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During App running, the Style of the current StatusBar is always determined by the preferredStatusBarStyle property of the ViewController at the top of the UI. When we need to change the Style, only need in preferredStatusBarStyle calculation method returns the new Style attribute values, and then call setNeedsStatusBarAppearanceUpdate () method:

override var preferredStatusBarStyle: UIStatusBarStyle {
	if needsLightContent {
		return .lightContent
	} else {
		return .default}}private func changeStyle(a) {
	needsLightContent = true
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In this mode, we always manage the Style of the Status Bar through the ViewController, and if we need to update its Status, we inform the ViewController indirectly, rather than directly changing the Status Bar’s properties. In this way, the later code maintenance work can also be easier.

Distribution control rights

If the top ViewController is just a shell, and the actual UI logic is controlled by the ChildViewController added to it, So this time you can rewrite childViewControllerForStatusBarStyle attribute, to distribute to the corresponding control of the Status Bar Style ChildViewController to:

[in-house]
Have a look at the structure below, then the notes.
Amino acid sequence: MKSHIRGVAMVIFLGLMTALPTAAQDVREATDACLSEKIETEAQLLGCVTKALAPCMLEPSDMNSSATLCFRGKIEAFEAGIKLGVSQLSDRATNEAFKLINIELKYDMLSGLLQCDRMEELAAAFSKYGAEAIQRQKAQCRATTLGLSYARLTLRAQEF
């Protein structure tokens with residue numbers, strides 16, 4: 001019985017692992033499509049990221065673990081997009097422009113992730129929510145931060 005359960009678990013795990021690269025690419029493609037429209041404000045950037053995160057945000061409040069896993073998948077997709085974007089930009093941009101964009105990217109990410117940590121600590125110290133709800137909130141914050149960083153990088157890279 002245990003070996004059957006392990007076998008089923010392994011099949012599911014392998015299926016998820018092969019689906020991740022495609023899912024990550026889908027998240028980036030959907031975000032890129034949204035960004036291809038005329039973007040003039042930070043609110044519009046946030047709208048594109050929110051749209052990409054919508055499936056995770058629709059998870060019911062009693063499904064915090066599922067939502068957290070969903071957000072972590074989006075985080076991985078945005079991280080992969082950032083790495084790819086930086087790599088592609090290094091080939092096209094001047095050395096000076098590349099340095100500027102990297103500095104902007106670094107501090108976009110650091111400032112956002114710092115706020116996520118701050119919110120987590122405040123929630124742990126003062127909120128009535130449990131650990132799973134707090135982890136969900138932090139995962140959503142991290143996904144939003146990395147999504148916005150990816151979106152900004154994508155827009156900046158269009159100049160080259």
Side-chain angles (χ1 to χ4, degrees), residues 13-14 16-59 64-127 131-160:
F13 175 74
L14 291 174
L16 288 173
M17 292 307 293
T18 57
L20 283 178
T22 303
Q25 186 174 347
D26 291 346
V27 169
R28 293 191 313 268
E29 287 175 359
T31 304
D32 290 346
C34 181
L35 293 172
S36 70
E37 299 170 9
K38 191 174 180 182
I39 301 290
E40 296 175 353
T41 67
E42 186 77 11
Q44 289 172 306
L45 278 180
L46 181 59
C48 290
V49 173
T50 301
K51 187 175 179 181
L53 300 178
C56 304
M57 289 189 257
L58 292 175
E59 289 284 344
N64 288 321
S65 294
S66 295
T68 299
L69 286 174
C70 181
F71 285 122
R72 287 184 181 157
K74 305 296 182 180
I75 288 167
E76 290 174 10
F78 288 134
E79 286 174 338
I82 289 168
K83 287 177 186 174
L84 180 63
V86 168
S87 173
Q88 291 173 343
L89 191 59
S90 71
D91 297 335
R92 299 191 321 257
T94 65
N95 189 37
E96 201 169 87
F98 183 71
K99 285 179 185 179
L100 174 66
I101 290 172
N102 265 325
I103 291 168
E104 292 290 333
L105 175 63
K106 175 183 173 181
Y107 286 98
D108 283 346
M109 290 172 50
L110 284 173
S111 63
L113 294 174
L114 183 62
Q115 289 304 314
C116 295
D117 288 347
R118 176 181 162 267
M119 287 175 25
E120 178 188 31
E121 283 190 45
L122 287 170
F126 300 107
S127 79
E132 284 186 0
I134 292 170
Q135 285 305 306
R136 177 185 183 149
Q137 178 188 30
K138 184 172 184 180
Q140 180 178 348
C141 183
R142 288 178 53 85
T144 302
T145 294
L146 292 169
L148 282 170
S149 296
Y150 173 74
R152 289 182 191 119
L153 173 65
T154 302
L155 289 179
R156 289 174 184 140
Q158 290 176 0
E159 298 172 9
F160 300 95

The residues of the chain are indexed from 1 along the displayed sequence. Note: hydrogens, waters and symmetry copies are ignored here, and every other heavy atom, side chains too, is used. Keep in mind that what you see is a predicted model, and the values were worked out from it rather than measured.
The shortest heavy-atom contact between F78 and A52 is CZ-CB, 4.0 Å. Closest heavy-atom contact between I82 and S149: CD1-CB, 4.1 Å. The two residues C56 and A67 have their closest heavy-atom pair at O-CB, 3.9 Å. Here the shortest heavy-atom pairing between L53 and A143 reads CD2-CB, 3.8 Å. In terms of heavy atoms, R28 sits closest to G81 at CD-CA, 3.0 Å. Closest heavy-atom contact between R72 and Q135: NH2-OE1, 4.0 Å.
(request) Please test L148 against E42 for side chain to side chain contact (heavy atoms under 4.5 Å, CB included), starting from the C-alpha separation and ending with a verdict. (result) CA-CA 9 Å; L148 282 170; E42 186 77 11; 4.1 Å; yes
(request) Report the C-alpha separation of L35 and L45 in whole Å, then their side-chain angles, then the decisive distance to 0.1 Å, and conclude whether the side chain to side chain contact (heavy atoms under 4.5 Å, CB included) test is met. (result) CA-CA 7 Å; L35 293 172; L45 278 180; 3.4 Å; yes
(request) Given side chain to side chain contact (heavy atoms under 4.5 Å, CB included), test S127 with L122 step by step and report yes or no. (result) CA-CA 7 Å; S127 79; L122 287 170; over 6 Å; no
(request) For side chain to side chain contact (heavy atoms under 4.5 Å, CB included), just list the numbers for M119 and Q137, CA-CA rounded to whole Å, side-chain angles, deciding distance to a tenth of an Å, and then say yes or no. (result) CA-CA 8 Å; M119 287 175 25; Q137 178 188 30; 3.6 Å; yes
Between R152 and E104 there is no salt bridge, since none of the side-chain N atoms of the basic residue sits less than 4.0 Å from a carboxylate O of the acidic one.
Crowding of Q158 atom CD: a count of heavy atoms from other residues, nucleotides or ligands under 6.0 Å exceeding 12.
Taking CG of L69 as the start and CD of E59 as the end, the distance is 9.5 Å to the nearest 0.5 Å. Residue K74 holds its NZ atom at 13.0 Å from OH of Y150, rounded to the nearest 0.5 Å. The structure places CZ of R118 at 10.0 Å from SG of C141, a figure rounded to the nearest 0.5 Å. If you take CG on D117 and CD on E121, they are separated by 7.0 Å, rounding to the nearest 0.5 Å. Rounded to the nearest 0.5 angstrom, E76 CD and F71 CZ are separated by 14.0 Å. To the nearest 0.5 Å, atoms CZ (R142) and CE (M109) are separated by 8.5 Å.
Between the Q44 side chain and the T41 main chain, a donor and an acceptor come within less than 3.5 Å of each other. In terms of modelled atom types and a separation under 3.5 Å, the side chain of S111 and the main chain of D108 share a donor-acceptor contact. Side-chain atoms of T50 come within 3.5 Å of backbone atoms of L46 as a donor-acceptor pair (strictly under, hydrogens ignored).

override var childViewControllerForStatusBarStyle: UIViewController? {
	let currentChildViewController = childViewControllers[0]
	return currentChildViewController
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A special case

Of course, the new mode also introduces new rules (KENG), and we encounter a new problem as we experience the new crude approach: what if different ViewControllers fight for control? For example, Navigation and Modal Presentation are two different things, they are typical representatives of one ViewController nested in another ViewController, who is in charge at this time?

If there is a hole, fill it, first take Navigation.


When the top ViewController of the UI is nested inside the UINavigationController, The UINavigationController and the ContentViewController at the top of the stack both compete for control of the Status Bar. If not, the new order will be destroyed immediately, so we have the following rules:

  • The ContentViewController at the top of the stack manages the Style of the Status Bar when the Navigation Bar is not visible

  • The NavigationController is responsible for managing the Status Bar Style when the Navigation Bar is visible

    At this point, since the Navigation Bar is visible, the Status Bar needs to be consistent with the style of the Navigation Bar, So it makes most sense for the NavigationController to control the Status Bar Style.